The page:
China attacks foreign clothing and footwear brands in Xinjiang

BEIJING (AP) – Chinese state television called for a boycott of H&M on Thursday as Beijing lashed out at foreign clothing and shoe brands following Western sanctions against Chinese officials accused of human rights abuses in the Xinjiang region.

The ruling Communist Party criticized H&M for saying in March 2020 that it would stop buying cotton from the northwest region of China. The Swedish retailer joined other brands in expressing concern over reports of forced labor there.

The party newspaper Global Times also criticized Burberry’s remarks, Adidas, Nike, New Balance and Zara on Xinjiang already two years ago.

“For companies that touch the bottom line of our country, the answer is very clear: don’t buy!” China Central Television said on its social media account. He said that the H and M in the Swedish name mean Chinese words that mean lie and falsehood.

The attacks follow Monday’s decision by 27 nations of the European Union, the United States, the United Kingdom and Canada to impose financial and travel sanctions on four Chinese officials accused of abuses in Xinjiang.

More than 1 million people in Xinjiang, most of them from predominantly Muslim ethnic groups, have been confined to labor camps, according to researchers and foreign governments. Beijing denies mistreating them and says it is trying to promote economic development and end radicalism.

“The alleged existence of forced labor in the Xinjiang region is totally fictitious,” said a spokesman for the Ministry of Commerce, Gao Feng. He called on foreign companies to “correct the wrong practices,” but did not say what they were expected to do.

Celebrities such as Wang Yibo, a popular singer and actor, announced that they were breaking endorsement contracts with H&M and Nike.

H&M products were missing from Alibaba Group’s most popular e-commerce platforms in China, TMall and The news reports said they were withdrawn due to public criticism of his Xinjiang statement. The companies did not respond to requests for comment.

Beijing often attacks foreign clothing, car, travel and other brands for the actions of their governments or to pressure companies to conform to their official positions on Taiwan, Tibet and other sensitive issues.

Companies generally apologize and change websites or advertising to maintain access to China, one of the largest global markets. But Xinjiang is an unusually thorny issue. Western brands face pressure at home to distance themselves from potential abuse.

A loss of sales in China, the only major economy in which consumer spending has recovered above pre-pandemic levels, can be especially painful at a time when US and European demand is weak.

H&M Group “does not represent any political point of view” and “respects Chinese consumers,” the company said on its social media account.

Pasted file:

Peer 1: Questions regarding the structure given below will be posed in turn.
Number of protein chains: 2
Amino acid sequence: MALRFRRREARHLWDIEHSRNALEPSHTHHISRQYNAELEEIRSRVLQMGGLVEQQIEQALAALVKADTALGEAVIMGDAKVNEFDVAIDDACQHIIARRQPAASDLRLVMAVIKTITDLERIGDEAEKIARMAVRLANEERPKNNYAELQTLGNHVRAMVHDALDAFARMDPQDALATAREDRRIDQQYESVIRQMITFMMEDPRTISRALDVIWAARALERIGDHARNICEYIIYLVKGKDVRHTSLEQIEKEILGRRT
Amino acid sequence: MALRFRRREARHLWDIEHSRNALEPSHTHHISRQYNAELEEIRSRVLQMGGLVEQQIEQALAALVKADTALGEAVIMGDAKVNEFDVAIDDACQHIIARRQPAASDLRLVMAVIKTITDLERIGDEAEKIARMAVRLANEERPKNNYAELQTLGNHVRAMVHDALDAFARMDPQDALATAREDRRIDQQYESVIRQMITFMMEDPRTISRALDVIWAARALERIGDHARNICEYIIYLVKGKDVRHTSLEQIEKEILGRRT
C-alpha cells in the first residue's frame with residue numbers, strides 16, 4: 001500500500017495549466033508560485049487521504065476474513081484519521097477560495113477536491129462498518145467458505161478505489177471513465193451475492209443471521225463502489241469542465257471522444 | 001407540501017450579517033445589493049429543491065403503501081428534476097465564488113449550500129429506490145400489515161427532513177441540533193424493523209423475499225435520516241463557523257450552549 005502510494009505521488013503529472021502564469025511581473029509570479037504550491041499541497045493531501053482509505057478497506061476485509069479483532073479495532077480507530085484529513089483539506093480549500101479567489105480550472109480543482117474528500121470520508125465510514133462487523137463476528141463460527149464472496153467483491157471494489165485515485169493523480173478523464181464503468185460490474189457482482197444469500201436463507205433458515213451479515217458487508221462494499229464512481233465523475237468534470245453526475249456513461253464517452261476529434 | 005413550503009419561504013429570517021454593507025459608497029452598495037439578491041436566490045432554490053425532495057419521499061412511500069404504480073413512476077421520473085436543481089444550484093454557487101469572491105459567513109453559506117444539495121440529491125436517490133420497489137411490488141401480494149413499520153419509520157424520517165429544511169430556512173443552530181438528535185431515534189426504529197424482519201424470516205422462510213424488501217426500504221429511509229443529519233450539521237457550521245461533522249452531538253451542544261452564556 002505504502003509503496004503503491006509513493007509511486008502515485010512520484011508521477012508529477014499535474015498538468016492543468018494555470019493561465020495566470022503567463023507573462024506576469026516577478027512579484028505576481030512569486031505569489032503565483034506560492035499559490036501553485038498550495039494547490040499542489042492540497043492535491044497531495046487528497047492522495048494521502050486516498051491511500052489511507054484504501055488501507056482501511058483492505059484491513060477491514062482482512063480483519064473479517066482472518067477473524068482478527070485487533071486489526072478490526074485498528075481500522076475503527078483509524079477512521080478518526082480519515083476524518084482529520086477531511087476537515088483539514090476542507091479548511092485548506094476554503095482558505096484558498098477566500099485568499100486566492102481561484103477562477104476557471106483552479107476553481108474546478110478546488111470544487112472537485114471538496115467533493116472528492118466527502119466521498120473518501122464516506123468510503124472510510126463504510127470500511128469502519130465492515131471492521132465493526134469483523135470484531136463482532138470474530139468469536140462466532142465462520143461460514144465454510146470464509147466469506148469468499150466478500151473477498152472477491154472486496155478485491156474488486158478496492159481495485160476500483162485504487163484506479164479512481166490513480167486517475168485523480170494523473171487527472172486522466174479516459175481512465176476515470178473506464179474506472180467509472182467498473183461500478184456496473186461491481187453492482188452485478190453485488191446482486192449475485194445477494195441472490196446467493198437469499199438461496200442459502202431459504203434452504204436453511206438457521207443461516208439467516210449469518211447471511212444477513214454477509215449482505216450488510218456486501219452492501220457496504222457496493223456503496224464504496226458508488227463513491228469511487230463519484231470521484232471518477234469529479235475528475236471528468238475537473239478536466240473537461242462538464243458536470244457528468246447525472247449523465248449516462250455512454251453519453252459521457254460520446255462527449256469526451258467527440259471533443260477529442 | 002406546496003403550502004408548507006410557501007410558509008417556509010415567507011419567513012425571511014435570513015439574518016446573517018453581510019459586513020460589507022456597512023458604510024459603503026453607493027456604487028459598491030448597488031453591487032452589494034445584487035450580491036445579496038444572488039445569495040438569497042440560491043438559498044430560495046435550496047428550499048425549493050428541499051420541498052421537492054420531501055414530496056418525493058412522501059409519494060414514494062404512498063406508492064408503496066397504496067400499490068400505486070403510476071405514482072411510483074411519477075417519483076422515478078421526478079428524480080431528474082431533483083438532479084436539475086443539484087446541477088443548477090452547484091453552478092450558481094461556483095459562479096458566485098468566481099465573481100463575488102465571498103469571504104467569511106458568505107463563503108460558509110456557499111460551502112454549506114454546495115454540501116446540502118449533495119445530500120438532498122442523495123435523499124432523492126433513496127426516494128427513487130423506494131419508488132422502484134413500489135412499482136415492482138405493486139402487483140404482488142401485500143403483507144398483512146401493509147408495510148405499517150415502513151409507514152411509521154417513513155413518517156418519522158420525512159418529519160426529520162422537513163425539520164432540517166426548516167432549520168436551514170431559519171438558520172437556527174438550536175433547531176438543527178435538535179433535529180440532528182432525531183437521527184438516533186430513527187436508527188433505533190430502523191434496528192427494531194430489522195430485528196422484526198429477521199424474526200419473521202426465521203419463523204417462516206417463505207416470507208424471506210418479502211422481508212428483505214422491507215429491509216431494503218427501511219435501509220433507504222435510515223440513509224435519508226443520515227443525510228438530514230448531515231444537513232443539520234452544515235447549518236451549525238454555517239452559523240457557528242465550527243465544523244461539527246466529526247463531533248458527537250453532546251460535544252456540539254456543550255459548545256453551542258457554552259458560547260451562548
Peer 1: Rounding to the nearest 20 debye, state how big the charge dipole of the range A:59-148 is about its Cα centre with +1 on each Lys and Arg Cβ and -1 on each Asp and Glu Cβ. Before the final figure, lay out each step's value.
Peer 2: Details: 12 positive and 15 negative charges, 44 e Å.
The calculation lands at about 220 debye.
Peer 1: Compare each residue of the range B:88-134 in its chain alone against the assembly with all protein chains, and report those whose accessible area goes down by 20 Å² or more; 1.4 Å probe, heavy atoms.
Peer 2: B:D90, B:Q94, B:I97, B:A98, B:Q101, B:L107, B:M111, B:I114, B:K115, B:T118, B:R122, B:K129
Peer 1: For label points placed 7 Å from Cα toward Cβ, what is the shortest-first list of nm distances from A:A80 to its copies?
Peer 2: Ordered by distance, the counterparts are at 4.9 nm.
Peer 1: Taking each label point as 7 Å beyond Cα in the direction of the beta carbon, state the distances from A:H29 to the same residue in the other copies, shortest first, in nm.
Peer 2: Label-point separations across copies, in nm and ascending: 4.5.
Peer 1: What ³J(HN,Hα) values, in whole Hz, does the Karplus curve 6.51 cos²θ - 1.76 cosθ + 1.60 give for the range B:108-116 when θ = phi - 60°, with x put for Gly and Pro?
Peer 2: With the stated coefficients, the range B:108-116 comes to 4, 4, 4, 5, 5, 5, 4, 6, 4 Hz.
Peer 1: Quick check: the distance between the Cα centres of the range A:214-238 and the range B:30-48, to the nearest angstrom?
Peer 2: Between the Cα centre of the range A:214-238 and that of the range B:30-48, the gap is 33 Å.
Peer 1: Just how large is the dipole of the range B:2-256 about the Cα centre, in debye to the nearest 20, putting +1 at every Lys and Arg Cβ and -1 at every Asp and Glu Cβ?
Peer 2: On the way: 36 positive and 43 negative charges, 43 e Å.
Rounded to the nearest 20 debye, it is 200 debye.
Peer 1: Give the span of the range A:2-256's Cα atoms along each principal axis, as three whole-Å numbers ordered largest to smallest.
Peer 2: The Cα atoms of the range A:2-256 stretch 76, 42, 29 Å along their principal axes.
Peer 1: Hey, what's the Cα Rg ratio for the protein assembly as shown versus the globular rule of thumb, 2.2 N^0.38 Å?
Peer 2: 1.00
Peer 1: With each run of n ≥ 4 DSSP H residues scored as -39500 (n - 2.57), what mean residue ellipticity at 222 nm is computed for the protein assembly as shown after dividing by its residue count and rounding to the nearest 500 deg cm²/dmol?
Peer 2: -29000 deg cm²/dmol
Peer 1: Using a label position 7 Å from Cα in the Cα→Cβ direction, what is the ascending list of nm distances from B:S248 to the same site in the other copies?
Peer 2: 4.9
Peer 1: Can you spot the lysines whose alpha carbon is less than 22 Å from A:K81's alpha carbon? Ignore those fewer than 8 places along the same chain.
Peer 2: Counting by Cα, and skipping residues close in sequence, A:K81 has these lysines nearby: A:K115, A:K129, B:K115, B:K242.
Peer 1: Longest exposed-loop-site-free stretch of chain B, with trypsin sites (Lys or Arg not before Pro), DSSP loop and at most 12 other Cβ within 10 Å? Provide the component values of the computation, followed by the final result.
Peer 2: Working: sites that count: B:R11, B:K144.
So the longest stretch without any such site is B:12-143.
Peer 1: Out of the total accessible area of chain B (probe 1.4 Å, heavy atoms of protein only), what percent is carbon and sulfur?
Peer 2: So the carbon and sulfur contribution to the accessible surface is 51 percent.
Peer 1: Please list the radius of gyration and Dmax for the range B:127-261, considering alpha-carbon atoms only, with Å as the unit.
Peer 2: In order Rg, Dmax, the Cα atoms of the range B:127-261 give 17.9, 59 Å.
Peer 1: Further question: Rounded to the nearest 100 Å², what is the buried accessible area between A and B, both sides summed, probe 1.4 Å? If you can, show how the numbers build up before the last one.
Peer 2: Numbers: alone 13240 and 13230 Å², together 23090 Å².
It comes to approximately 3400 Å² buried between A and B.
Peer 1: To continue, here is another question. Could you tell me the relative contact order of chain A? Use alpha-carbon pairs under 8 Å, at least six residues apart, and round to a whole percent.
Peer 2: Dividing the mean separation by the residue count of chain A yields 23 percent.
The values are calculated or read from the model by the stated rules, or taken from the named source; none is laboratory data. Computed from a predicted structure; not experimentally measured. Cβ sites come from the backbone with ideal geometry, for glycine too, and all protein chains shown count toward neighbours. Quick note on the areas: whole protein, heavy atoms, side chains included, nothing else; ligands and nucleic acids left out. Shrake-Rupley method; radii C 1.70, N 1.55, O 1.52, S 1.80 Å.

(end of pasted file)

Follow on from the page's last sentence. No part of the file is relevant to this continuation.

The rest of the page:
The company said it deals with 350 Chinese manufacturers to make products that “comply with the principles of sustainable development.” H&M said it “is committed to long-term investment and development in China.”

H&M had 520 stores and $ 1.4 billion in sales in China in 2019, the latest year for which annual figures were reported. China is its third largest market after Germany and the United States.

The criticism began when the ruling party’s Youth League drew attention Wednesday to H & M’s statement from last March on its social media account. He did not give any indication of why he pointed to the company or an explanation for citing a statement from a year ago.

“Spreading lies to boycott Xinjiang while wanting to make money in China? An illusion, ”said the Youth League.

The Global Times said Burberry, Adidas, Nike and New Balance also made “cutting comments” about Xinjiang cotton. A separate Global Times report cited what it said was a statement by Zara that it had a “zero tolerance approach to forced labor.”

H & M’s statement last year cited a decision by the Better Cotton Initiative, an industry group that promotes environmental and labor standards, to stop licensing Xinjiang cotton because it was “increasingly difficult” to track how it was produced. In September, H&M announced that it would stop working with a Chinese manufacturer accused of performing forced labor at a unit unrelated to the Swedish brand.

In January, Washington imposed a ban on cotton imports from Xinjiang, a major supplier to clothing producers for western markets.

China’s official outrage has focused on Europe, possibly because relations with the EU had been friendly amid bitterness with Washington over trade disputes and accusations of Chinese espionage and technology theft.

Official criticism of H&M reflected that tone of complaint about being hurt by a friend.

“How can H&M eat Chinese rice and then smash the China pot?” state television said in a comment Wednesday.

Online comments cited clothing brands Uniqlo from Japan and The Gap from the United States as other possible offenders. It was unclear how many of those accounts were members of the public and how many were run by the ruling party’s vast propaganda apparatus.

Pop star Wang’s announcement that he would resign as Nike’s “brand ambassador” did not mention Xinjiang. He said he “firmly resists any words and actions that contaminate China.”

Others, including singer and actress Song Qian, a former member of the Korean pop group f (x) who is also known as Victoria Song, and actor Huang Xuan, who announced that endorsement deals with H&M would be ending. Actress Tang Songyun said she was breaking ties with Nike.

Chinese sports shoe brand ANTA announced that it was withdrawing from BCI, the cotton industrial group.


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